JOHOR BARU, Jan 13 — Parti Warisan (Warisan) will attract more prominent politicians into its fold following its recent expansion to Peninsular Malaysia, says vice president Datuk Junz Wong.
He said Warisan has been receiving positive feedback since officially expanding to the peninsula last December.
“In two weeks’ time, after the Chinese New Year period, Warisan will announce its latest member who is a prominent political leader.
“The politician, who is from Penang, will become a ‘wow’ factor for Warisan,” he told reporters at a party event at Cathay Restaurant Vantage Bay in Stulang Laut here today.
However, the Tanjung Aru assemblyman declined to reveal more of the Penang politician that is set to join Warisan.
Earlier, Wong welcomed former Gerakan women’s vice chief Wong Siew Poh, who was also previously the party’s state leader and former Skudai assemblyman, into Warisan.
About three weeks ago, Warisan kicked off its membership drive in Penang where 1,500 new members were reported to have joined them from the northern state.
Wong also said that another prominent personality who joined Warisan yesterday was Datuk Seri S Sunther, the son of former MIC deputy president Datuk Seri Dr S Subramaniam.
He said that Warisan was upbeat about its entry into Peninsular Malaysia and the party now has 85 branches nationwide.
“We are getting a lot of inquiries from many people, including top political leaders, who have expressed their intention to support and join Warisan,” claimed Wong.
Wong explained that Warisan’s current objective since expanding into Peninsular Malaysia was to get Sabah and Sarawak natives to change their voting address in time for the 15th general election (GE15).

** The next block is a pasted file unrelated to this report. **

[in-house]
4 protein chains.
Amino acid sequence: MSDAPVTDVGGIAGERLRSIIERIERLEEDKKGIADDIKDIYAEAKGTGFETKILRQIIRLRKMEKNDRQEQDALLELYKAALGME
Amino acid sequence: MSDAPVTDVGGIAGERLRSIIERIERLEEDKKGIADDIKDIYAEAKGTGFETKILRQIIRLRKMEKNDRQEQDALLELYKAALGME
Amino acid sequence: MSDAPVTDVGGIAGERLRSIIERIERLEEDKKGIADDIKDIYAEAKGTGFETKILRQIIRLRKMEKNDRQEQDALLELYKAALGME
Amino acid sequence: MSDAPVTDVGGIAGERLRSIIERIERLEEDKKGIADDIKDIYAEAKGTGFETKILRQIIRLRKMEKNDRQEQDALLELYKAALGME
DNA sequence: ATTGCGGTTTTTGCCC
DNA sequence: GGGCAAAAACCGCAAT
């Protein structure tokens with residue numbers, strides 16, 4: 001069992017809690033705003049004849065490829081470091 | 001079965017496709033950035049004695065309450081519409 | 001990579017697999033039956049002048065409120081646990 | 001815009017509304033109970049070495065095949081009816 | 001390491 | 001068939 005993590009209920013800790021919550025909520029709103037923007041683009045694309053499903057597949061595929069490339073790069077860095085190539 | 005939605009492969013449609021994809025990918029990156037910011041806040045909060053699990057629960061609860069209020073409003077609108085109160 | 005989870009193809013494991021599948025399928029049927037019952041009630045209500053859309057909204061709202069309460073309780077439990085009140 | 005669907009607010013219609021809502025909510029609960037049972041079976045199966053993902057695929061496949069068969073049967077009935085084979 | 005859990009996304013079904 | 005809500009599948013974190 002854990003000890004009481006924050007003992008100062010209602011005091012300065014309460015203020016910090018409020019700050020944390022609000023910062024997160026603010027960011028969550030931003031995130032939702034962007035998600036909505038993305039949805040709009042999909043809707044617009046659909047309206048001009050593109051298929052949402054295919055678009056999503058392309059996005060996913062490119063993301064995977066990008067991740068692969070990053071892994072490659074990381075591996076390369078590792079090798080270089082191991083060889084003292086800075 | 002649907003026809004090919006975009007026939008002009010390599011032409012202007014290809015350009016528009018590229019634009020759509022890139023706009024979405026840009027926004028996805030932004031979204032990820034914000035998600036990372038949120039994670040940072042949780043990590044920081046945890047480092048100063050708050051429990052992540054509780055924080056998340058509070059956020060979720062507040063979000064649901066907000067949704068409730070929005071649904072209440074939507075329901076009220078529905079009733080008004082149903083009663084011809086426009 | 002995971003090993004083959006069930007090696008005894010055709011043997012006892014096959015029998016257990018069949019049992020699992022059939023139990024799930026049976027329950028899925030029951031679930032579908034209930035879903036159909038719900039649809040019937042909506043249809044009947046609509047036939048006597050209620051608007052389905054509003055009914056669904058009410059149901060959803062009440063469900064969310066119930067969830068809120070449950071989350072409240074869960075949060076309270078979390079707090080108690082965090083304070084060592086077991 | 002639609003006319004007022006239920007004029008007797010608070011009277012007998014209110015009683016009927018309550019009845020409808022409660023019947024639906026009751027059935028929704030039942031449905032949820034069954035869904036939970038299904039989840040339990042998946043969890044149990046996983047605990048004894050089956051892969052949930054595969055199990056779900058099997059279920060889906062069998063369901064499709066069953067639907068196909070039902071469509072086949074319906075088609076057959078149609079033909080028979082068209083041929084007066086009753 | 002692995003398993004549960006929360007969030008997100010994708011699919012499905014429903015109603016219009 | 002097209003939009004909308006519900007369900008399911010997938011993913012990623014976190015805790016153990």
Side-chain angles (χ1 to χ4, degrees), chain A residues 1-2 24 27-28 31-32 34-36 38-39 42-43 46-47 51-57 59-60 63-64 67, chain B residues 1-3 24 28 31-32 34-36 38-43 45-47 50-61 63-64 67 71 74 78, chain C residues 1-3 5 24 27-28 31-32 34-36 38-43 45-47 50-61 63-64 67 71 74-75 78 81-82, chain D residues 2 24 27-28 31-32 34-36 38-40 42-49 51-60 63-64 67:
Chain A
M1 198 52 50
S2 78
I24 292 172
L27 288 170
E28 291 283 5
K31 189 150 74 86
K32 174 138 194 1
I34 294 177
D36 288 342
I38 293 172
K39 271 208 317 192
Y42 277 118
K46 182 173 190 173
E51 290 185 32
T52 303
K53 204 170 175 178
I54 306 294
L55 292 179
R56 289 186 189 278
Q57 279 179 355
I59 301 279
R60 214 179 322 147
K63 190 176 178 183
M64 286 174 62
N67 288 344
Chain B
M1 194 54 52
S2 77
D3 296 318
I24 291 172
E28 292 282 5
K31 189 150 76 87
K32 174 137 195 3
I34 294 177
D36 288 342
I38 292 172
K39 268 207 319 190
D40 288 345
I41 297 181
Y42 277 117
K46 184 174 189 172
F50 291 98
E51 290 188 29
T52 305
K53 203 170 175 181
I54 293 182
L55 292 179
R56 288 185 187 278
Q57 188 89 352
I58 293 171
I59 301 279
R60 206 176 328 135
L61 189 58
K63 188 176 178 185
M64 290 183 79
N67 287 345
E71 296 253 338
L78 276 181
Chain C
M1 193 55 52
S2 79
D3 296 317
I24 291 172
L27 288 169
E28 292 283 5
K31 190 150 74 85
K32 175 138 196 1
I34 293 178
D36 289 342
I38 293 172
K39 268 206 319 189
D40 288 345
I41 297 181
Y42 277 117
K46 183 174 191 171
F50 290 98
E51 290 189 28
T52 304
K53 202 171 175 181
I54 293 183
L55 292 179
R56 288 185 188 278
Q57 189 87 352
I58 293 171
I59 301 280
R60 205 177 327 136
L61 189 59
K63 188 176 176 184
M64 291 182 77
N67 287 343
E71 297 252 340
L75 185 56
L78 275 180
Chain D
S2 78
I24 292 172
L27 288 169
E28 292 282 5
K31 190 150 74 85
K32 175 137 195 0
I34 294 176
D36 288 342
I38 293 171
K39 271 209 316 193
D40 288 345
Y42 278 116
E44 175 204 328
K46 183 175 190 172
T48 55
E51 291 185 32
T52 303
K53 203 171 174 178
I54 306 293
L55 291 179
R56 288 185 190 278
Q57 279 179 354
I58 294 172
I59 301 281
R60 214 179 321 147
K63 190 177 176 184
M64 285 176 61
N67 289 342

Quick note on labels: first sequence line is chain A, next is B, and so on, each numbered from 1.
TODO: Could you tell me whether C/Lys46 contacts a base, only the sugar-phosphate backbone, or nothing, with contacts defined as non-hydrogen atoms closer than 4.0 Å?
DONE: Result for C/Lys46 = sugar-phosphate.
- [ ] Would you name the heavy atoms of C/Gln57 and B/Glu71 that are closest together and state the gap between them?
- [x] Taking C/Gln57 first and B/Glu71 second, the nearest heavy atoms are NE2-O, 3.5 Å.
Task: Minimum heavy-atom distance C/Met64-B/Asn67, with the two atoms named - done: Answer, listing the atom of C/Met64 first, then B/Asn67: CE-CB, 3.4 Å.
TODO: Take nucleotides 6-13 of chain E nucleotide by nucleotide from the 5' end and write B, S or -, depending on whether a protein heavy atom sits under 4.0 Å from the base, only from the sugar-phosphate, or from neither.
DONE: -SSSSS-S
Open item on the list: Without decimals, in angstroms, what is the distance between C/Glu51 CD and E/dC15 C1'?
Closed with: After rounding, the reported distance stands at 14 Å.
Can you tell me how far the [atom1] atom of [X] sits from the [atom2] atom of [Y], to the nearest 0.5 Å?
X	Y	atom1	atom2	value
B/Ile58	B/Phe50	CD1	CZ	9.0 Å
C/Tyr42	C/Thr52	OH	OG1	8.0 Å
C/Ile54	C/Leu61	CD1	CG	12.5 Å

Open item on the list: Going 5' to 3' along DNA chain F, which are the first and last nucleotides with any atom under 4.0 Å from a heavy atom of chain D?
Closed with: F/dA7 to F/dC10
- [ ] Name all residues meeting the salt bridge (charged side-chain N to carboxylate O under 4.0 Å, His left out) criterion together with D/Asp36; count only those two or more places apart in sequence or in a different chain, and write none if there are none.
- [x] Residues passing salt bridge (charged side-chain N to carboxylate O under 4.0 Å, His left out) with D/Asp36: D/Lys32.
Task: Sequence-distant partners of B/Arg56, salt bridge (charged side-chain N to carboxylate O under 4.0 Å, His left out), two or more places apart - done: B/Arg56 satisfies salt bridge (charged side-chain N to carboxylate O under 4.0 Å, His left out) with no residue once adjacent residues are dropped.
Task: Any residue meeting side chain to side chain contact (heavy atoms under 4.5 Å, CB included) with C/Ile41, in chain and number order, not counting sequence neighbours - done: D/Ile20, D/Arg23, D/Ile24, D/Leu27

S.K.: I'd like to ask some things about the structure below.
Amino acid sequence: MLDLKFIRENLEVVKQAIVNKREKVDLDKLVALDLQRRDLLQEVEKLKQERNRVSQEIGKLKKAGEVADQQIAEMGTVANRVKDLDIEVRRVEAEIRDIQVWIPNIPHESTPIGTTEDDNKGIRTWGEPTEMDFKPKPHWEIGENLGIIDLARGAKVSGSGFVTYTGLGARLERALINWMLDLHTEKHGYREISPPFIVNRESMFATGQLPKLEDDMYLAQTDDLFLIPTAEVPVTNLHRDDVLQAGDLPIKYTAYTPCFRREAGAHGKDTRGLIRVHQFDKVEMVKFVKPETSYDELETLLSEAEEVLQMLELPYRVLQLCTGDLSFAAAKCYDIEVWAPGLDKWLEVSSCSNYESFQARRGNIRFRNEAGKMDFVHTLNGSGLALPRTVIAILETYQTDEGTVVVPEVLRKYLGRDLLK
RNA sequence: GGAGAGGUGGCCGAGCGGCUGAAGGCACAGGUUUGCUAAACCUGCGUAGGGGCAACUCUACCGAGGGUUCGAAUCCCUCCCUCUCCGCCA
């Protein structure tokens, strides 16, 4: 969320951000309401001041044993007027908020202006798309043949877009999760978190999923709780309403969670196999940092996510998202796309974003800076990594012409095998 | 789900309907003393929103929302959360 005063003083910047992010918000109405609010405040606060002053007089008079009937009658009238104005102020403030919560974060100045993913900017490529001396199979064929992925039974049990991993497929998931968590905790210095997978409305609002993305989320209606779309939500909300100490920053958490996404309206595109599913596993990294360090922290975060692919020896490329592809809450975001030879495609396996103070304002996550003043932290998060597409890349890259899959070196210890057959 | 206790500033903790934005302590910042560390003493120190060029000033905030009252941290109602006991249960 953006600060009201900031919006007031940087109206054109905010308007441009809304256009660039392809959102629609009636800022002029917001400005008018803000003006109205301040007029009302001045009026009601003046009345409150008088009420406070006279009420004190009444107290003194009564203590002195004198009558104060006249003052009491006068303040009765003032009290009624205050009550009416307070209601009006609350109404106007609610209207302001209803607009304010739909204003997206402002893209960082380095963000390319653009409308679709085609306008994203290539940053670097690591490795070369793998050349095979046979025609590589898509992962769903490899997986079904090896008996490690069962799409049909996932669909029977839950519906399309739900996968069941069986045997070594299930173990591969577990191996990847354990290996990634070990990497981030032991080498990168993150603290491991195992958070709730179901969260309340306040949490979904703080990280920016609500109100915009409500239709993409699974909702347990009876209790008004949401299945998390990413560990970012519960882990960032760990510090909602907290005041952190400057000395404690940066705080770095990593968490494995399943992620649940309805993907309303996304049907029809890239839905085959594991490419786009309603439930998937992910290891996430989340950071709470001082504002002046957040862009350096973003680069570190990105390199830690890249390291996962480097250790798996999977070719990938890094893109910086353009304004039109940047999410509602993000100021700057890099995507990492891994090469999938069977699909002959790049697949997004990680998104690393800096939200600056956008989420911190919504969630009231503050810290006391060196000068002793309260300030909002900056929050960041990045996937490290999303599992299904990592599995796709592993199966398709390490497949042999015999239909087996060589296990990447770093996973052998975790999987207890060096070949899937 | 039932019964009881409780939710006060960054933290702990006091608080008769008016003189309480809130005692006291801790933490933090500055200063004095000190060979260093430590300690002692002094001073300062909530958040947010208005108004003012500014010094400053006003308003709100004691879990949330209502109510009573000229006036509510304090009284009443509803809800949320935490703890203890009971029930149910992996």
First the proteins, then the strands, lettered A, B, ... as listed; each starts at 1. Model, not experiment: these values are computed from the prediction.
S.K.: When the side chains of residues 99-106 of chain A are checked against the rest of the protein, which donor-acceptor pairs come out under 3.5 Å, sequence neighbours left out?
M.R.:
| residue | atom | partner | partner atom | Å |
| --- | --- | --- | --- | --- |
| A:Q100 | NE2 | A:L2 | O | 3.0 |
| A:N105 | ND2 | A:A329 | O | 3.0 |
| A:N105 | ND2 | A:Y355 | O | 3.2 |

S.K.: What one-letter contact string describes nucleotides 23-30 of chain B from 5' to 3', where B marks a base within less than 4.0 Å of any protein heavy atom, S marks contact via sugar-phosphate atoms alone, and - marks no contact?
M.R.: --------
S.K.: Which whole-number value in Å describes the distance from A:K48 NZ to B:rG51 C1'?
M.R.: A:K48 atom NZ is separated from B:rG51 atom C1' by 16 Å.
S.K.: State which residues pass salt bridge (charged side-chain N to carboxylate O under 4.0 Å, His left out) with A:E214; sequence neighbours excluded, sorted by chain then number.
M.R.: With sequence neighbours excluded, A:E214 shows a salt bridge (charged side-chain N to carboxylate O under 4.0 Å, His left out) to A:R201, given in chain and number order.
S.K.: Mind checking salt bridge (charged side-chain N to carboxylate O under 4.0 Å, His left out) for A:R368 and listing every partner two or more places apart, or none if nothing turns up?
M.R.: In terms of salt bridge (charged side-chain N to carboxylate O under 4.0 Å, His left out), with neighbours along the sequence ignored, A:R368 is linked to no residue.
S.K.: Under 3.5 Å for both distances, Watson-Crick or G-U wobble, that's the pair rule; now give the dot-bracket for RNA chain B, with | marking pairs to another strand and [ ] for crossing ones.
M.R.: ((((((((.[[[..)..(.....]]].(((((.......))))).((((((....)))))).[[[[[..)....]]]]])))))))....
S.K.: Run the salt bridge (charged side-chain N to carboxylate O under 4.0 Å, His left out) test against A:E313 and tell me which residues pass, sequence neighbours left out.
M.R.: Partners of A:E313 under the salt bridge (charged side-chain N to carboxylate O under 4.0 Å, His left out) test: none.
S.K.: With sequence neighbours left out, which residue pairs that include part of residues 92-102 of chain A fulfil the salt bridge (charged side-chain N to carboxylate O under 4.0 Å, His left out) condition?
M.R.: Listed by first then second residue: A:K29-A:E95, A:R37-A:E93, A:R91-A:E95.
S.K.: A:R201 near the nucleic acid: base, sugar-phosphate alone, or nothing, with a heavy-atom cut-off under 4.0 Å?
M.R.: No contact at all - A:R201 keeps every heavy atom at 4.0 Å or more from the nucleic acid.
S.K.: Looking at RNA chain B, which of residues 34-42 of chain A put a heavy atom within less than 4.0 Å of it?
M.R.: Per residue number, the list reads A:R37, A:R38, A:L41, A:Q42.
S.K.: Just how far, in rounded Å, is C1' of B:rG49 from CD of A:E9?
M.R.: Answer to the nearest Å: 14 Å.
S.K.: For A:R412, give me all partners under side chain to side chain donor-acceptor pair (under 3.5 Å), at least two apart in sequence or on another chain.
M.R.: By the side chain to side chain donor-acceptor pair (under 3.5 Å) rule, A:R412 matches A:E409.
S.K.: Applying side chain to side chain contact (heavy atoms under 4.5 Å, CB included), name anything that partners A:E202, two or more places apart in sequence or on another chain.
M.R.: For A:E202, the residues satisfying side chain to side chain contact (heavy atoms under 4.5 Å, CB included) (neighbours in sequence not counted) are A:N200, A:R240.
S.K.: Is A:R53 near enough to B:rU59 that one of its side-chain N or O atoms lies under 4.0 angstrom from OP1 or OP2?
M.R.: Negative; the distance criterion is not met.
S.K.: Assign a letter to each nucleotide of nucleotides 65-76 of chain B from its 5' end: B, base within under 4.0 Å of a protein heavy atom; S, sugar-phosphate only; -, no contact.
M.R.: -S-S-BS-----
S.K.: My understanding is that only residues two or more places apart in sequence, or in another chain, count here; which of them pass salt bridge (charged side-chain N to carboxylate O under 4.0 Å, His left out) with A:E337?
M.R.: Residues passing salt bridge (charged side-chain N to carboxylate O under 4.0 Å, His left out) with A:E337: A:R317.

He explained that Warisan, as a multiracial political party from Sabah, has an added advantage as there is a 250,000-strong Borneo community living in large states such as Johor, Selangor and Penang.
“If they (the Borneo community) do not have the intention to go back and vote, it is better for them to change their address in an effort cast their votes here.
“With that, Warisan believes that we can garner enough support for us to contest in Peninsular Malaysia,” he said.
On Warisan’s entry into Johor, Wong said Warisan would consider contesting in the next state election if there was support from the local community.
However, he said time was a factor as the Johor state election could possibly be called in March this year.
“We will let the party’s leadership decide on the decision to contest in Johor’s state election.
“In the event Warisan does not contest in Johor’s state election, we will then focus on the upcoming GE15 instead,” he said, adding that Warisan was committed to field local candidates instead of outsiders as their Peninsular Malaysia candidates.
Warisan started as a Sabah state Opposition party in 2016 before going national in October last year.
The party reportedly has a good relationship with Malaysian United Democratic Alliance (Muda) led by Muar MP Syed Saddiq Syed Abdul Rahman.
Both parties champion the people on their multiracial political platforms to unite Malaysians.
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